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Brandeis University's Community Newspaper — Waltham, Mass.

Tiger by the Tail! opens

Published: October 1, 2007
Section: Arts, Etc.

Opening at the Womens Studies Research Center (WSRC) tomorrow, Tiger by the Tail! Women Artists of India Transforming Culture, features the work of 17 Indian female artists, who seek to break down the traditional representation of the female in India.

The namesake piece of the exhibition, Hatyogini, Shakti (1999), is a self-portrait of Gogi Saroj Pal calmly sitting atop a tiger, having tamed it into a lying position.

The tiger has long been a symbol of primal ferocity in India, said exhibit co-curator and WSRC resident scholar Elinor Gadon, in a reading Tuesday of her essay written on the exhibit.

In taming the primal power of the tiger, making it their own, Indian women are reclaiming their own unmanifested shakti [female cosmic energy], Gadon added.

Even the title of this piece reflects Pals desire to motivate women to break their desires and speak up in their own interests.

Yogini [means] divine or human, an independent female on a spiritual quest and/or practitioner of magic. Hat means difficult, Gadon explained. Pal coined the hybrid term to describe the new self-determined, self-indulgent woman who lives life on her own terms, just like the artist.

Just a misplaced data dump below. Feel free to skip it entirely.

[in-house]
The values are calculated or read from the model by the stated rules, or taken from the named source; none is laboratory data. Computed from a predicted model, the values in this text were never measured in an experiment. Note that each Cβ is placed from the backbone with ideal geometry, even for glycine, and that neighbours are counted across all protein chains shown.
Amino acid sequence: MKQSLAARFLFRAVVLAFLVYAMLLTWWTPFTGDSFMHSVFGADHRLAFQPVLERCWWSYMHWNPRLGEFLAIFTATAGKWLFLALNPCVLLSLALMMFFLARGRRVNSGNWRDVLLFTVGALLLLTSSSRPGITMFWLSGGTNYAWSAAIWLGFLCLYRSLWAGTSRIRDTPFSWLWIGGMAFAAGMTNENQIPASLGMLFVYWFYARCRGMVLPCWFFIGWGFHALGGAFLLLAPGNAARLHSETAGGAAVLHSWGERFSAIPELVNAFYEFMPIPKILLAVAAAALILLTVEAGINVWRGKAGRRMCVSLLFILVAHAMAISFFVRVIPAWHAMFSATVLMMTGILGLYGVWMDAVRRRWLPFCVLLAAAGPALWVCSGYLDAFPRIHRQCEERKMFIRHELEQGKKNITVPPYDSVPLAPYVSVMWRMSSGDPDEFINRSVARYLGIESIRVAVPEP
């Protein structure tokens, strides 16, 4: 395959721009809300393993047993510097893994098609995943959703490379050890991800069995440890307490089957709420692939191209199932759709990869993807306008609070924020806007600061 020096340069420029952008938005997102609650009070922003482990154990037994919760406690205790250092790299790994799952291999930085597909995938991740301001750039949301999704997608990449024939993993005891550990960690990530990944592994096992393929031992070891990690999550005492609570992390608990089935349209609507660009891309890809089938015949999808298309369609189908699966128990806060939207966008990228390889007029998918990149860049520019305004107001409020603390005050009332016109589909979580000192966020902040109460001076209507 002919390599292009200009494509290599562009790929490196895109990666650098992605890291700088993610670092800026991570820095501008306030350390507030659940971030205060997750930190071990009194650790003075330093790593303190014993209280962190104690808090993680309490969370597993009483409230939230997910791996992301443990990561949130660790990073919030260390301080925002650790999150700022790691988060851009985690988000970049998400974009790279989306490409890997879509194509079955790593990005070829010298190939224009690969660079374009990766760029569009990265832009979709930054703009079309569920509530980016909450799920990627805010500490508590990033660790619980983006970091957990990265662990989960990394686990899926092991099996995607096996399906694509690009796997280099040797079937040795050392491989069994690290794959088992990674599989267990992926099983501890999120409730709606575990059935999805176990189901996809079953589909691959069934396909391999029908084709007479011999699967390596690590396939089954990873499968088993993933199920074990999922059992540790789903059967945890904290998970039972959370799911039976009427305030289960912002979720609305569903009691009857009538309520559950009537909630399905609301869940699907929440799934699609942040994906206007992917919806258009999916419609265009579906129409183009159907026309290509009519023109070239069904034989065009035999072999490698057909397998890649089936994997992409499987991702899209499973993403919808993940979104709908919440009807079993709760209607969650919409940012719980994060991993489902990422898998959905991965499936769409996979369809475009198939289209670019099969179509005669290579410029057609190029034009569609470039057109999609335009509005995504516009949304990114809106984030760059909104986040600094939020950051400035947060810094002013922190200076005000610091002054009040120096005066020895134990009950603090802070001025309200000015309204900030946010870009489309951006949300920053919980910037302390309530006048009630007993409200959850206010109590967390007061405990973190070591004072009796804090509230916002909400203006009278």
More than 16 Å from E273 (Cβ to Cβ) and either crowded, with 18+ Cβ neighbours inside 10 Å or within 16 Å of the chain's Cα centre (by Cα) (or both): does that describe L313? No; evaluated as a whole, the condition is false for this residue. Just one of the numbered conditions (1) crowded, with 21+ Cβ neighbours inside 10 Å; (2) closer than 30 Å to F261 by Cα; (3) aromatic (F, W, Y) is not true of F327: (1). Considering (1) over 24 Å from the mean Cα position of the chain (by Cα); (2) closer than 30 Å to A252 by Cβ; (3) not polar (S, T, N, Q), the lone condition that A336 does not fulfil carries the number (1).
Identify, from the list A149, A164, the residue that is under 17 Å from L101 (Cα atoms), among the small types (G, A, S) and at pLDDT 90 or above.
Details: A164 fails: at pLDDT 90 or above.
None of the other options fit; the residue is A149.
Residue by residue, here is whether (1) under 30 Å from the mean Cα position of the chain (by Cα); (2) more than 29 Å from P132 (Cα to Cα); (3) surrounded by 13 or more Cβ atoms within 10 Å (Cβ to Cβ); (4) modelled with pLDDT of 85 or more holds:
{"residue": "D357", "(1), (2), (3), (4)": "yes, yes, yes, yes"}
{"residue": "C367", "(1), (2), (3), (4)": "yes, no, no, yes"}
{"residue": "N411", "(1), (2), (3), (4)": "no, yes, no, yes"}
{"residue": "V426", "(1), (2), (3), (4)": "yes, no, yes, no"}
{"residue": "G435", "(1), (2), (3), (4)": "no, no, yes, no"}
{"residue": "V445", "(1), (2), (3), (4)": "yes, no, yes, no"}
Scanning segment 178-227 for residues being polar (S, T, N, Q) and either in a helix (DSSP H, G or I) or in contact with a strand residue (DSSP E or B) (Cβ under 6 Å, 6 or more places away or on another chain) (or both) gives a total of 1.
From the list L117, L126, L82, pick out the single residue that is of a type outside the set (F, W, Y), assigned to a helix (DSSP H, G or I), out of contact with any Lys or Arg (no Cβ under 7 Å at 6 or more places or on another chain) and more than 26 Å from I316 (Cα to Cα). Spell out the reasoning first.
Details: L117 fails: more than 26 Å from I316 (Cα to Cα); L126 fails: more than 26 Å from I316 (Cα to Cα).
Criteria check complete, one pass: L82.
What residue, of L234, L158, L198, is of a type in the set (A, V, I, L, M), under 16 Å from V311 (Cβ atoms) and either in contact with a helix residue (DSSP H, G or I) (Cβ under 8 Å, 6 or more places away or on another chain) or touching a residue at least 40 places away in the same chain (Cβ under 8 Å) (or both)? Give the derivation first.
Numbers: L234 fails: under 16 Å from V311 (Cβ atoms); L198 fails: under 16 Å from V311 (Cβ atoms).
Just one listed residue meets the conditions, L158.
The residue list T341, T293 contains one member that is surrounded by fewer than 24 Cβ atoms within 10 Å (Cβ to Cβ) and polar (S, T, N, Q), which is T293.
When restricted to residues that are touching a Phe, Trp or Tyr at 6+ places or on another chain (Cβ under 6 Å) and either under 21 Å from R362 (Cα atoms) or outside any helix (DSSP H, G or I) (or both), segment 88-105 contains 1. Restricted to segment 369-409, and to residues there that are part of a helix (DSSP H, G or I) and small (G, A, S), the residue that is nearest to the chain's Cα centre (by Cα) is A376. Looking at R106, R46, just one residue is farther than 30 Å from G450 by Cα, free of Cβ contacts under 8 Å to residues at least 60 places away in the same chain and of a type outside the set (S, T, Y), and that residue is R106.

The message of Hatyogini Shakti correlates to subverting the icon, one of the exhibits five themes. The others are Transforming the Myth;

Performing the Body;

Issues of Identity;

Memory, Loss, Trauma and the Location of Violence;

and Healing and Empowerment.

The exhibit is not limited to canvas painting, but includes media installations, which opened last Tuesday at the Rose Art Museum, as well.

Both of Sonia Kuranas video installations, Bird (1999-2000) and Closet (2003) questions the importance placed on appearance by society and ourselves. The first video features the naked overweight artist attempting to mimic the movements of a bird, while the latter shows the artist neurotically struggling to decide what to wear.

She uses unbeauty as a function of the feminine to transcend gender stereotypes, Gadon said of Kurana.

An opening reception for the exhibit will be held at the WSRC at 5:30 pm tomorrow.